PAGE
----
04_21_21_HEALTH_Birds_5811

Eliza Ridgeway/Town Crier Jean Carmichael's raised garden beds became a hangout for daily flocks of birds, drawn to her Covington Road backyard.

Many people turned to outdoor spaces with intensified attention over the past year, seeing the little details of backyards to which they are restricted in an unprecedented way. A decade ago Los Altos resident Jean Carmichael designed her Covington Road backyard with banks of raised beds, a birdbath and a birdhouse and broad area for birdseed and it has grown into a daily passion.

The joy-filled hours surrounded by birds in her garden took an unexpected and grievous turn this year when she developed hypersensitive pneumonitis in response to the dust and dander kicked up by her avian entourage. The setting she had created with such love put birds, birdseed, birdfeeder and garden beds in close proximity.

“The birds would flock to this tree, overload it and swoop down on the birdfeeders,” said Carmichael’s husband, Art. “She spoiled them with shelled sunflower seeds; I had to put them in our weekly budget, they were that expensive.”

The local goldfinches, house finches, wrens, sparrows, robins and doves that developed a 20-pound-a-week habit at the Carmichael compound developed a confident sense of homeownership in their backyard sanctuary.

“I loved their songs and their traffic pattern going through the yard,” Carmichael said. “One time we had a quail and she came with her seven kids, walked right over and started pecking on the ground. I was out there with them – my husband very kindly made me five raised beds for my garden, and I’d always be out there, whether it was picking flowers or weeding.”

Art described watching little birds run across her back as she’d bend over weeding, which presages the next step in their garden experience.

“That’s the shadow side of the story – here I think I’m doing something absolutely wonderful and enjoying it, thinking, “This is very heavenly, I’m living close to nature,” Carmichael said ruefully. “I find out that they love to keep their feathers very clean and I was breathing that in. My X- rays showed I had scars all over my lungs, and that’s when I pursued finding out what was wrong with my lungs. To have a pulmonologist say, ‘You have bird fancier’s disease,’ I almost started laughing.”

Subtle start, severe outcome

Art remembers texting their children, laughing about the weirdness of the idea, until one of the kids looked up the condition and said, “Wait, this is serious.”

Carmichael was diagnosed with pulmonary fibrosis caused by the bird-specific version of hypersensitive pneumonitis. Her body had been experiencing a cascading allergic reaction to the bird dust and dander, leading to hardening of her lungs that would be difficult or impossible to entirely reverse.

“It’s probably cumulative over 10 years. When we built this house 11 years ago, that’s when I did the birdfeeder and the birdhouse,” Carmichael said. “I was getting shorter of breath, (but) I was saying, ‘Jean, you’re 80 years old – of course you’re getting short of breath.’”

The Carmichaels were told to eliminate Carmichael’s contact with the birds immediately, so they emptied the birdfeeders and bath. Proximity matters – she can still thrive in the outdoors, just not with 25 or more avian minions surrounding her as in the past.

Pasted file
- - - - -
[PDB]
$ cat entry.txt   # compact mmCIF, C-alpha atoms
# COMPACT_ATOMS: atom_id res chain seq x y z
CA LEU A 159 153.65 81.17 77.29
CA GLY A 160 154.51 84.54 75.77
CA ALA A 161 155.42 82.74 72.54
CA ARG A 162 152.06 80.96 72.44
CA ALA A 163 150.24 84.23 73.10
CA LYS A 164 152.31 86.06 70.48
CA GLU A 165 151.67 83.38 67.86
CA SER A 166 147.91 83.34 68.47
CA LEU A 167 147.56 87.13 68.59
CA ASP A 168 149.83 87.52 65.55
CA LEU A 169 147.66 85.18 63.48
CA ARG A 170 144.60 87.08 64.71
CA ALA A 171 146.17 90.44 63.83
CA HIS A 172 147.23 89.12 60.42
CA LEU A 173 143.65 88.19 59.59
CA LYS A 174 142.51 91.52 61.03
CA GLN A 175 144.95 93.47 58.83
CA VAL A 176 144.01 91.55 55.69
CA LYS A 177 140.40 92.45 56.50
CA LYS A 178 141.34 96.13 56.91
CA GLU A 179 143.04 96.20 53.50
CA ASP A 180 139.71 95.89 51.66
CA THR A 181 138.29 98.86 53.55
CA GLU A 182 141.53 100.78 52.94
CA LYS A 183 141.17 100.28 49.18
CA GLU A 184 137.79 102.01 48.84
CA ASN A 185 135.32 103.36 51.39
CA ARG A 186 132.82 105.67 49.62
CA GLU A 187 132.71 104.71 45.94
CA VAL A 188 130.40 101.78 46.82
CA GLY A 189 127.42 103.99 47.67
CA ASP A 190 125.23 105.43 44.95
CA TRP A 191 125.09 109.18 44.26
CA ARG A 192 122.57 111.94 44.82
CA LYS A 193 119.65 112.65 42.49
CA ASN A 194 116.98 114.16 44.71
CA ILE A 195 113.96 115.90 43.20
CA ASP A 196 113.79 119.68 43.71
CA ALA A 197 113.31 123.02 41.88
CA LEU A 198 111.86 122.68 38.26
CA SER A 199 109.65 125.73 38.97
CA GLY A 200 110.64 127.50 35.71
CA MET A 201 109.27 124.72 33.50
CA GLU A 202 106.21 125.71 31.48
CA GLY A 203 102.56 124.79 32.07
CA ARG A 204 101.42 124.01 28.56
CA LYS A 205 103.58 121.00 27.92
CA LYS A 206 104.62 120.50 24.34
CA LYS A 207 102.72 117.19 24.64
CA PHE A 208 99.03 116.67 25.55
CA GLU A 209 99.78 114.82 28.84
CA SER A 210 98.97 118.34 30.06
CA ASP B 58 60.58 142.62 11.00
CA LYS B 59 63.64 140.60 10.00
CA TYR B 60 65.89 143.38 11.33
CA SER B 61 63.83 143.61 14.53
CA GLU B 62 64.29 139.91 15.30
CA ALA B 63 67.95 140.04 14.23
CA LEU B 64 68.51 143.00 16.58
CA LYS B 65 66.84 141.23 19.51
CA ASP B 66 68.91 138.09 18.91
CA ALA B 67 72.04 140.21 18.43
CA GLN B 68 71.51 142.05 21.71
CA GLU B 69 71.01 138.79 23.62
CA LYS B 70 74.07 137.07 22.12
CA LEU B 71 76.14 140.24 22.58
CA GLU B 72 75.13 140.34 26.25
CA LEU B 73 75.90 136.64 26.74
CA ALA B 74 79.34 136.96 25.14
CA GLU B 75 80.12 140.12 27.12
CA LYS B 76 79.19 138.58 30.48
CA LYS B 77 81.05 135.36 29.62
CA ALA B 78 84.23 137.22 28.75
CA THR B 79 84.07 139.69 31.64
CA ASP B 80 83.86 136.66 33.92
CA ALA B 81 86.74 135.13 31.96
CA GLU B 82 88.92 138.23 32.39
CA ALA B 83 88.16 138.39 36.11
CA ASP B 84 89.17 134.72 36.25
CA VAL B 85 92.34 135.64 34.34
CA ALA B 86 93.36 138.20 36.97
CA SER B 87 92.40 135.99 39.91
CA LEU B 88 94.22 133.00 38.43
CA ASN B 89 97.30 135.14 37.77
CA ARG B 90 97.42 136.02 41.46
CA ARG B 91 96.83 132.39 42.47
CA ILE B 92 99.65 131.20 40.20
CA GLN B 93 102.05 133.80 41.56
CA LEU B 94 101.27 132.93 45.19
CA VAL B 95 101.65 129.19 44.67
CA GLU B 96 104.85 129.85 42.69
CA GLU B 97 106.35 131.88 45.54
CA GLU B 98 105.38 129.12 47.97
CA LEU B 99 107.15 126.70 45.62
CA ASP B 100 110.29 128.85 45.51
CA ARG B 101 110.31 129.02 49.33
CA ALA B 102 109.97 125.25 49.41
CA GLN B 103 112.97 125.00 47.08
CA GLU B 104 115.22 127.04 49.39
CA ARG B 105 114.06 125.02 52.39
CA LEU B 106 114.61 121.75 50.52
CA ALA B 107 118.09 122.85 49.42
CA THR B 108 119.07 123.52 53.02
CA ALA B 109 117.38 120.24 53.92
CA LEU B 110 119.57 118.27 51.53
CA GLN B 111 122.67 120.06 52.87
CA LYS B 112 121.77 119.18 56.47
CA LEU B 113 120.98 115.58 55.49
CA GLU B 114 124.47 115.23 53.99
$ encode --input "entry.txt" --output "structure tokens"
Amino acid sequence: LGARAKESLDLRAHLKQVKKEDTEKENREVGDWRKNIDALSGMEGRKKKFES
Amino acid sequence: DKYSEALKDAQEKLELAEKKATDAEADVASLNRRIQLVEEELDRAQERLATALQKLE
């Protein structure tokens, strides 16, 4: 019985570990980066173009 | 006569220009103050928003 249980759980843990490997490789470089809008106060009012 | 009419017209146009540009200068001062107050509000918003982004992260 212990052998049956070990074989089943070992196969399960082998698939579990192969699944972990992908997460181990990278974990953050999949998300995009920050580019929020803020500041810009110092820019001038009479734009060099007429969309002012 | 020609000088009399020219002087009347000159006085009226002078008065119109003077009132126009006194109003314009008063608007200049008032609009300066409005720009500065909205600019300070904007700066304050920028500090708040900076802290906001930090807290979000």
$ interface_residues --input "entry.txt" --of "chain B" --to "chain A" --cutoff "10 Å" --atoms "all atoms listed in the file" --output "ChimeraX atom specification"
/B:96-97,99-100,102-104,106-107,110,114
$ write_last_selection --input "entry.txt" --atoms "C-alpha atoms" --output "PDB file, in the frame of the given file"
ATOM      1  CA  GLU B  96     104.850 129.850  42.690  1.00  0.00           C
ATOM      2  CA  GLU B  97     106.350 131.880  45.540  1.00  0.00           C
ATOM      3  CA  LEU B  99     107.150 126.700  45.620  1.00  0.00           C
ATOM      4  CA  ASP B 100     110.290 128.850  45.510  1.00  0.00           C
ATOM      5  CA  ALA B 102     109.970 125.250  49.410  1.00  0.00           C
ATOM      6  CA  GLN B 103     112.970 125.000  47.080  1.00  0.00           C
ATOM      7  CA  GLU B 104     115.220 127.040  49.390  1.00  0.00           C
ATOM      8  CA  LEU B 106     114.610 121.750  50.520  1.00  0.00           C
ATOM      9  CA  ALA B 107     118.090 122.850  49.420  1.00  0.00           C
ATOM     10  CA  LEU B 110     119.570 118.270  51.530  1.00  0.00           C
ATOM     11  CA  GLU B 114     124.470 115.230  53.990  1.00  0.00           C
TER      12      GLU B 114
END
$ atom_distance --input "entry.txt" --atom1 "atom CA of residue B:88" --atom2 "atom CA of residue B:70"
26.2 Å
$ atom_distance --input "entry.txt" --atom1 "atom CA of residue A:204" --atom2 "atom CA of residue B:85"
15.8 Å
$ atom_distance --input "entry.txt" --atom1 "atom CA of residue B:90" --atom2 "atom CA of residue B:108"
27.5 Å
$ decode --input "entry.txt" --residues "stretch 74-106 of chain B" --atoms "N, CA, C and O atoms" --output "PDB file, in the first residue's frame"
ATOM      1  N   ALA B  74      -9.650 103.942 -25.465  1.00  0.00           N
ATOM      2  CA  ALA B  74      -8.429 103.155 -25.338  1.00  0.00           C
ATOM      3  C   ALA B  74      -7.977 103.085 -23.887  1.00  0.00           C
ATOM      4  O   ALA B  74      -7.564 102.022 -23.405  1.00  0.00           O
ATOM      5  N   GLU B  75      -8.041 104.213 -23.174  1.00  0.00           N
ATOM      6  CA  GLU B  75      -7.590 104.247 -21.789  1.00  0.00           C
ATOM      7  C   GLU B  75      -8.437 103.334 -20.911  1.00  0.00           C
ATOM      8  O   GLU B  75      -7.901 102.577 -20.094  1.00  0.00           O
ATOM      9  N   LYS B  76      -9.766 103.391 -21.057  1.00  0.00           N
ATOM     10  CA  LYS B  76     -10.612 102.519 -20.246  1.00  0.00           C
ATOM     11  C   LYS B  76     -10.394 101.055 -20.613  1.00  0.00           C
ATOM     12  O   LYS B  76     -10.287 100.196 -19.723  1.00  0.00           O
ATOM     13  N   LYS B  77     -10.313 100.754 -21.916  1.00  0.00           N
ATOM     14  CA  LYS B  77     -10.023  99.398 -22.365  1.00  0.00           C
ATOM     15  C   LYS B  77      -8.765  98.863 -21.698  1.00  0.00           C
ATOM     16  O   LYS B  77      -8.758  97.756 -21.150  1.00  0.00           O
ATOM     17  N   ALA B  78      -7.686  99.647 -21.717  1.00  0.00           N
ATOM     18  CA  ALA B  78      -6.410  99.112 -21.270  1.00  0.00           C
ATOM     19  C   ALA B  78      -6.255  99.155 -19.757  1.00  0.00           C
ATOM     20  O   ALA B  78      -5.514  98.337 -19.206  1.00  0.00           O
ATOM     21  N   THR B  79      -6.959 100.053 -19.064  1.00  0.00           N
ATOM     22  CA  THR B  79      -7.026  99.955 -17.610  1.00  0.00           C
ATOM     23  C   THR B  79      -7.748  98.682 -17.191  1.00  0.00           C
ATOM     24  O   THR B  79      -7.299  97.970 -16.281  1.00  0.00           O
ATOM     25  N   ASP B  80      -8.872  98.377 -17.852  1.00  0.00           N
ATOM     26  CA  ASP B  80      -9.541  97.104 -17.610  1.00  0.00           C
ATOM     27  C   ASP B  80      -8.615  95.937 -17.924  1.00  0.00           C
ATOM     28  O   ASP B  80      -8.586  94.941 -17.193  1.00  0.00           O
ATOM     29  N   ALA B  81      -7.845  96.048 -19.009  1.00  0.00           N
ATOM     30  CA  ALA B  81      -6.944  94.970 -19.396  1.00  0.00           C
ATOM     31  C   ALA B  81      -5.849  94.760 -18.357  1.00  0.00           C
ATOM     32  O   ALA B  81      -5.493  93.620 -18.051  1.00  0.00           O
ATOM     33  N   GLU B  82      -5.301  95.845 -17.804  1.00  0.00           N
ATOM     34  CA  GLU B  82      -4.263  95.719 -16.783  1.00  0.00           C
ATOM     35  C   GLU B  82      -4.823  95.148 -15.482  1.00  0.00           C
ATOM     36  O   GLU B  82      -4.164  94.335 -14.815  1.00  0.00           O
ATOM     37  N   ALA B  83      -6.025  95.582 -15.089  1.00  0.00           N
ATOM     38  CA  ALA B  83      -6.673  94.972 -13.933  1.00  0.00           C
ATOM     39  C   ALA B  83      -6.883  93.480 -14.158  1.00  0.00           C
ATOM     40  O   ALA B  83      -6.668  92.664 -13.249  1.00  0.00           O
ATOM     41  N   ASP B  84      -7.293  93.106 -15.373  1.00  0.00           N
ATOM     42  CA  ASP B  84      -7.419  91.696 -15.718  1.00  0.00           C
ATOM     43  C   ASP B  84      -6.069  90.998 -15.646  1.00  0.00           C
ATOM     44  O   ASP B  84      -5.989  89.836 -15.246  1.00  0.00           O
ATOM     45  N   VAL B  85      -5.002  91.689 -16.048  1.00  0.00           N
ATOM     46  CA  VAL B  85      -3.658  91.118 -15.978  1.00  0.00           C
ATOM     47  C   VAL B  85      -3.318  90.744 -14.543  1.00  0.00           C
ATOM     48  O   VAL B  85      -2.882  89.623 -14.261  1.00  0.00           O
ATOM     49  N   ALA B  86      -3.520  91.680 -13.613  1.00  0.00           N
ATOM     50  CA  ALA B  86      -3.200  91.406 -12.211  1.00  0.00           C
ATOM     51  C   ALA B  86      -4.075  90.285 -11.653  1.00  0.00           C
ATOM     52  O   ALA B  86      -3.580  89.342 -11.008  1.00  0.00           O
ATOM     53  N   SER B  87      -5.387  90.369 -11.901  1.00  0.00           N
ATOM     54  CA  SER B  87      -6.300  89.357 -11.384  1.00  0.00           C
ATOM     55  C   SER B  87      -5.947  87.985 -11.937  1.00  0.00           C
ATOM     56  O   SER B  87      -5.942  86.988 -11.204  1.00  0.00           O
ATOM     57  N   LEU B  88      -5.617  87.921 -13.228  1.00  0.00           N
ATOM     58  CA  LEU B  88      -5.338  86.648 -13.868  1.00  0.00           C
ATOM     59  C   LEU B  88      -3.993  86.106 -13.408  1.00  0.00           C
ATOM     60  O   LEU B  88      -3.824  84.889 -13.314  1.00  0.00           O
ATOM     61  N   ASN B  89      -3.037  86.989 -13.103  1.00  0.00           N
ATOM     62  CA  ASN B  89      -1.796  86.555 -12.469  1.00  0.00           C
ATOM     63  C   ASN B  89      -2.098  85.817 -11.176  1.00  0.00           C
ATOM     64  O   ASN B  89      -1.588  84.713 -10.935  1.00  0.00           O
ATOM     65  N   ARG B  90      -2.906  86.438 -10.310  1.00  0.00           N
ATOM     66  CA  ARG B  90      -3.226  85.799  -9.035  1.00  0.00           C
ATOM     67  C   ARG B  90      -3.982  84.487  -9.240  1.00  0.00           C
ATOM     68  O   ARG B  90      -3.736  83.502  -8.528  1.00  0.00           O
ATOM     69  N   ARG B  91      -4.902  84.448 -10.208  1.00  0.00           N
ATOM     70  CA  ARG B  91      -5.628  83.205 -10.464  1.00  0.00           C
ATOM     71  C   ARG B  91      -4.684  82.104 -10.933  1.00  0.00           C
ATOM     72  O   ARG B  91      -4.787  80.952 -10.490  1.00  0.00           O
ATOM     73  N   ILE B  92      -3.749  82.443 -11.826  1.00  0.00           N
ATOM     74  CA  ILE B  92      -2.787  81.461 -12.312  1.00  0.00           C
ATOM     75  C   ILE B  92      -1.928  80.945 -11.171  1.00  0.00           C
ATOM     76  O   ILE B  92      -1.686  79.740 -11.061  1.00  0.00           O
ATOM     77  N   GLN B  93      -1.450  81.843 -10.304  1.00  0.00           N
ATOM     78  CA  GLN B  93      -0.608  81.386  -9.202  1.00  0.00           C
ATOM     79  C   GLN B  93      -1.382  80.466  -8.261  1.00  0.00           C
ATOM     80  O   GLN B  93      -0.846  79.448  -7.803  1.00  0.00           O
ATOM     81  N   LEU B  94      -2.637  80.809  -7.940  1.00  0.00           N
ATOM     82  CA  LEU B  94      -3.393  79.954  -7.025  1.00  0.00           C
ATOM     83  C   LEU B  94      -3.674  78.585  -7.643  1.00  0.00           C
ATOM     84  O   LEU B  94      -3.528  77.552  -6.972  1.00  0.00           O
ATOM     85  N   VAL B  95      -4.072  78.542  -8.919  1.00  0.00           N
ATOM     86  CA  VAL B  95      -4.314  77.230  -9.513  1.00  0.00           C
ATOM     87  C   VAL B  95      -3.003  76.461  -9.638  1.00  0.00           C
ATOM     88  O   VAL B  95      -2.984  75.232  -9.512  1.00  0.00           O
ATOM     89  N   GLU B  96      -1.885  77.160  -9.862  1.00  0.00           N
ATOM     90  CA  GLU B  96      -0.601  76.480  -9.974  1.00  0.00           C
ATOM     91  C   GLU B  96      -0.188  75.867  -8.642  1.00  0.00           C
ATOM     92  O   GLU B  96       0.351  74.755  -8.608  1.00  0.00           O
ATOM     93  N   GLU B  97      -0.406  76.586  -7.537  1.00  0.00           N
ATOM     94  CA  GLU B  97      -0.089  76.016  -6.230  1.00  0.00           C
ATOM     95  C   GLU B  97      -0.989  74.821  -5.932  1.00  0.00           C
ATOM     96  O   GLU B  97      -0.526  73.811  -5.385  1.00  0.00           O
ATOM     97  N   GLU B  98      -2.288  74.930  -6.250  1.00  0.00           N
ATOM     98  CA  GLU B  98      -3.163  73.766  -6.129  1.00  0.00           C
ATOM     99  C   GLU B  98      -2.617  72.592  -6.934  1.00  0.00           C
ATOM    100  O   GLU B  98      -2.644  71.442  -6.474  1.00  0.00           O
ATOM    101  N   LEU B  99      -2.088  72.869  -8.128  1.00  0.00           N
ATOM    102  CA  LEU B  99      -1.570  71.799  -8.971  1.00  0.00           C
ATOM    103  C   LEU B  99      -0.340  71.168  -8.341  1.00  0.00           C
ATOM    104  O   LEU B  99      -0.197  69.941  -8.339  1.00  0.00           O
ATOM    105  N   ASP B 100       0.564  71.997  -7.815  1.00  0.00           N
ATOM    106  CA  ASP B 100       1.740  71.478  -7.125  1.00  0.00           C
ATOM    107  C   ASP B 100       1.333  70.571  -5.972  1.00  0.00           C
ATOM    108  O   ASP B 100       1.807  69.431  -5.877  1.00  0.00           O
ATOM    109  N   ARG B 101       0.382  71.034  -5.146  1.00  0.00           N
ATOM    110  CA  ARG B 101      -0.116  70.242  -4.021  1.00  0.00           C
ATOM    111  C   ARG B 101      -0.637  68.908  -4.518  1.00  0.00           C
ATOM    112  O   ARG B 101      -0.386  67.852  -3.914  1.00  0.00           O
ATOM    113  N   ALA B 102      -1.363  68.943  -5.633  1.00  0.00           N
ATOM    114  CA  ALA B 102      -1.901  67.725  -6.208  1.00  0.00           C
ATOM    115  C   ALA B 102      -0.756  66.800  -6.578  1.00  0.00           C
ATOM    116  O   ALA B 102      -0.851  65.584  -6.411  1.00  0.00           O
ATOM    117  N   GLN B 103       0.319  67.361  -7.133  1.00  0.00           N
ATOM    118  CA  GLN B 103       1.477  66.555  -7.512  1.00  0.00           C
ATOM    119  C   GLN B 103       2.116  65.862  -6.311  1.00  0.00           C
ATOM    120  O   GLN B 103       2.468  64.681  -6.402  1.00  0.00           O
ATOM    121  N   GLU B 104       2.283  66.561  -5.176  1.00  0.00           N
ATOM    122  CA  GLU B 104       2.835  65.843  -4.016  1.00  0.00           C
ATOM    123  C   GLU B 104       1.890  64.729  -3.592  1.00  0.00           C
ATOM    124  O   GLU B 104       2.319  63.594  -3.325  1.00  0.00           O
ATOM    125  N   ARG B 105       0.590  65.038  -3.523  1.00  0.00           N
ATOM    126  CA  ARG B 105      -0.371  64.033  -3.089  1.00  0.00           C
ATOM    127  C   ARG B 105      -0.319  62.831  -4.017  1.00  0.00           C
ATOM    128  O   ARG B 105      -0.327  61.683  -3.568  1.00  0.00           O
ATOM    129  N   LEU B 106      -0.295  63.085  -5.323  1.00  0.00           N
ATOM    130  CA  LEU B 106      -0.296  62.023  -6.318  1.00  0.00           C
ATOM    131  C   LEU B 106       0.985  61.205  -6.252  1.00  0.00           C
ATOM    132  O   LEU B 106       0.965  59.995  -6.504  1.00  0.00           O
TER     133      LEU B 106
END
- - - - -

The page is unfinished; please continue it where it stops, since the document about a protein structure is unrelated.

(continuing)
“The birds still flock to the trees; for months they were still coming and looking,” Art said. “We can hear the birds in the morning singing to us, but they aren’t flocking to where she is in the garden anymore.”

Living with new challenges

After a course of steroids to halt the course of the disease, Carmichael had to learn to live with 60% of her former lung capacity and to navigate using supplemental oxygen throughout the course of each day. At home, she has a machine with an extremely long line that pumps oxygen to her as she walks the house and garden, learning how to avoid tangles and trips – no trivial matter for an 80-year-old for whom falls are a substantial risk.

“I have to take little breaks all the time, so when I wake up in the morning I have to plan my day – if I’m going to do anything that involves going out, I just have to plan for it because that is what will take the most energy for me,” Carmichael said.

She carries a portable oxygen machine when she goes out, but the difficulty breathing and new logistical requirements make leaving home a tiring proposition that requires a new degree of planning – particularly during a pandemic. In addition to the oxygen cannula that runs behind her ears and over her nose, Carmichael wears a mask and her glasses. The hearing aids have to be jettisoned – no room onboard – and every transition or adjustment knocks some layer loose.

“It’s not been easy. It’s really a roller coaster because you see the things that you can’t do,” Carmichael said, referring to the reduction in the scope of each day’s to-do list. “I’ve had to revise that a lot because I can’t do as much, and it’s very frustrating.

Building to accommodate his wife’s new needs has become a labor of love for Art, who has been drawing up plans to plumb oxygen out to Carmichael’s garden, where she can still be found tending to her tomatoes, dianthus, carnations and dahlias this spring. He has been working on the design with Henry Nesmith at Los Altos Hardware, calculating where to run a pipe through the wall and the valves needed to modify the system.

Last week the dianthus was blooming in a riot of pinks and the blue grape hyacinths loomed as tall as Carmichael’s head as she deftly coiled green plastic oxygen hosing to navigate among garden beds, showing tomatoes beginning to take off as the season warmed up.

She feels safe in the garden – the reaction that caused her hypersensitive pneumonitis doesn’t mean she is at risk from the birds with which she still coexists, at a greater remove.